Saturday, May 30, 2015

The Gallant Hours

One of my favorite movies of all time is The Gallant Hours . It stars James Cagney as Fleet Admiral William F. Halsey Jr. during the battle of Guadalcanal.  Save this for a rainy day afternoon.  There is a poignant song that is sung at the beginning and close of the movie. The lyrics can be found below.

  • I knew a lad who went to sea and left the shore behind him. 
  • I knew him well the lad was me and now I cannot find him. 
  • Away, away, away he went, in deep and salty water. 
  • His girl she waited years for him. She was his neighbor's daughter. 
  • Away, away, away he went and left the shore behind him. 
  • I knew him well the lad was me and now I cannot find him. 
  • Away, away, away he went. Away he went and now I cannot find him. 
  • The rolling sea he would embrace, the rolling sea hath took him. 
  • And passed him on a lonely beach, the roaring sea forsook him.

So, why the poignancy? Friday, was the beginning of Memorial Day Weekend.  My wife, who like me, still works full time, arranged to take a long weekend off to help with our shakedown cruise.  I brought the Constance Marie to the loading dock to dovetail with our supplies.

Captain Denis was there with his boat, the Brazen Article. He was helping me furl the brand new 135 head sail I had recently bought.  We ran the sail up and it make it to about two feet from the top of the mast.  We brought it down and tried to put it up again with the same results.

Denis asked for pair of binoculars and scanned the top of the mast.  Oh no! (see Figure 99 below). Denis gave me the binos and said to focus on the top of the mast.  My stomach dropped.  I felt the gloom of Mordor settle over me.  I realized that Memorial Day fantasy weekend would have to wait. I turned to my wife and told her that the fore-stay was unraveling and the mast could come crashing down at any time, not to mention tearing our new head sail if we were to go sailing. Olivia smiled at me and told me she understood.  I then made a phone call to the boat yard manager.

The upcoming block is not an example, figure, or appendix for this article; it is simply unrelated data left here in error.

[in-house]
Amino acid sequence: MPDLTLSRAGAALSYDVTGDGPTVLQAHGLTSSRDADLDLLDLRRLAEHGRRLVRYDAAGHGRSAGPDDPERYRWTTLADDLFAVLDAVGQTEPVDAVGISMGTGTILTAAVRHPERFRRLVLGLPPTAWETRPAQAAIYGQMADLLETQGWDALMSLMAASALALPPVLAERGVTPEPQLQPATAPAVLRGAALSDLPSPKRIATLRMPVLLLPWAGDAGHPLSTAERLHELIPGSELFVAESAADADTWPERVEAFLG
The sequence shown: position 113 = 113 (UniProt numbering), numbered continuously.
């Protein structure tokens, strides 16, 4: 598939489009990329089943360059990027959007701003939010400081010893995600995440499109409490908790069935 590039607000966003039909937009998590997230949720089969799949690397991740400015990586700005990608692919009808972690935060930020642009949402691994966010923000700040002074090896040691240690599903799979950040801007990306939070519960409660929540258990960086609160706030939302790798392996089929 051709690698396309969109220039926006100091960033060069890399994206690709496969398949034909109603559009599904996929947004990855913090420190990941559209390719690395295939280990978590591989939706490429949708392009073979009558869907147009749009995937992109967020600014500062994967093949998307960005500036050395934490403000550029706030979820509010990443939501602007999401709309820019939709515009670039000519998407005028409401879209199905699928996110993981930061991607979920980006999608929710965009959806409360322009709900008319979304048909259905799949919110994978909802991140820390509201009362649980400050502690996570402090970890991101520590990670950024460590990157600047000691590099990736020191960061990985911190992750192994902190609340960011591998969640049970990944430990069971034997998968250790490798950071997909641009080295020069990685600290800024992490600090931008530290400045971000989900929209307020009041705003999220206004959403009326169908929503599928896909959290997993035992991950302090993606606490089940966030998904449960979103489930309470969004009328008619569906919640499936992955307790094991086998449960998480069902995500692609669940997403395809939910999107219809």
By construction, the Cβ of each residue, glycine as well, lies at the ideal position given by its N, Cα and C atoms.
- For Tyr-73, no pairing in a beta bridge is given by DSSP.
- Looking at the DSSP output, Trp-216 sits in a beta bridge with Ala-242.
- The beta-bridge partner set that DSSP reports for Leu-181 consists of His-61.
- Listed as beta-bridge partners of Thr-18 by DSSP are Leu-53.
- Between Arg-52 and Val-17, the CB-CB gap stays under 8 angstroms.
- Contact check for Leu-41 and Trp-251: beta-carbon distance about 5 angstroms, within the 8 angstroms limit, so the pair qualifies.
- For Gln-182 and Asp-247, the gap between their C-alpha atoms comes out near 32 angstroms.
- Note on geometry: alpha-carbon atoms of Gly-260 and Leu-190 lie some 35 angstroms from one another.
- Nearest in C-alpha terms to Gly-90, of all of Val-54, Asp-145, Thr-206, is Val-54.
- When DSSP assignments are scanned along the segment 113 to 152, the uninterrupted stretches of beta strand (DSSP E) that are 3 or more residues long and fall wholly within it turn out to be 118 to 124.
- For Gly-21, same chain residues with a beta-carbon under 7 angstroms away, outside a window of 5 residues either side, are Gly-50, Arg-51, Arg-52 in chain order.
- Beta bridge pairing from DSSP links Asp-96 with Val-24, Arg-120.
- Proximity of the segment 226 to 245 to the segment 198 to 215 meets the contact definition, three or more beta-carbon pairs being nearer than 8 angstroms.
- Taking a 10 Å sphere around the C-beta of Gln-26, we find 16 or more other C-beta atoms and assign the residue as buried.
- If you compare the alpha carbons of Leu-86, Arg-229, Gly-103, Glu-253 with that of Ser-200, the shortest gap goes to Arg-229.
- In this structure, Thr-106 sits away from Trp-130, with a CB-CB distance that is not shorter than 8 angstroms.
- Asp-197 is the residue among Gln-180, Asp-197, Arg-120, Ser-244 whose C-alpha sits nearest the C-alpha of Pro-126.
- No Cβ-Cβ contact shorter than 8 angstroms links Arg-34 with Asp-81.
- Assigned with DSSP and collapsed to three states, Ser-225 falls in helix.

We are blessed at our yacht club to be within a mile of a great boatyard. It's a well known working marina with most of the essential amenities. What makes this yard stand out is that it is more a community of tradesman who specialize in various aspects of boat maintenance. And the head operator is a first class businessman.

Figure 99 - Anybody know a good rigger?

Saturday, May 23, 2015

Queen Constance Marie, Her Carriage, Driven By A True Prince To The Chesapeake Ball

The big day has finally arrived!  Launch day 2015.  Off the hard of land and into the soft of water.  The old girl is officially in her 35th season of a rendezvous with her best friend, Chessie.  

Figure 96 - Gently my Prince
Figure 97 - Robert is one of our best drivers
It's a special feeling when your boat hits the water, then you check for leaks, and you signal the launch crew....NO LEAKS!

Most landlubbers do not realize the skill it takes to drive one of our boats into the water.  Just off to the port side of that rear traveler wheel is a "hole" that if it is hit, tests the very strength of our cables and straps and oh yeah, the driver.  Being on the dock as the Captain watching your boat jerk about a foot, tests any Captain's nervous system.

Figure 98 -  Good-bye Copper.  Hello Chessie

Saturday, May 16, 2015

The Lady Has A Date (Memorial Day Cruise), Put On The Make-Up

Figure 89
Well, it has been over two and a half years since we purchased the Constance Marie.  It's time to put some paint on the her.  She is a Hunter and so she should be made to look like a Hunter.  Break out the gray non-skid and Brightside White!
Figure 90

We taped around all the non-skid areas.  I was surprised to see how much gray was going to cover the decks.  It changed the whole appearance of the boat.

While the deck was drying, I went below and knocked off the front berth, the head and the main galley with three coats of anti-mildew primer and two coats of Brightside white.
Figure 91 - White before Gray
Figure 92 - Yes!

Figure 93 - Forward berth
Figure 94 - Head sink

Figure 95 - Head area

Saturday, May 2, 2015

She May Be A Cruiser, But She Looks Like A Racer

I heard about YC-17 racing paint.  It dries a copper color on the hard, but when placed in water, it turns the color that is listed on the can.  In this case a dark blue gray. Figure 87 below shows you how the rudder looked with three coats of YC-17 on it.

Figure 87

For a 35 year old boat, the Constance Marie's hull is in excellent condition.  It took about an hour to do each of the three coats over the course of four days.

Figure 88
Being that the Constance Marie is moored in fresh water near the top of the Chesapeake Bay, I did not apply any barrier coating.  We will see how we prevail over the course of the season with our cruising plans and look for barnacles in the fall when we haul out.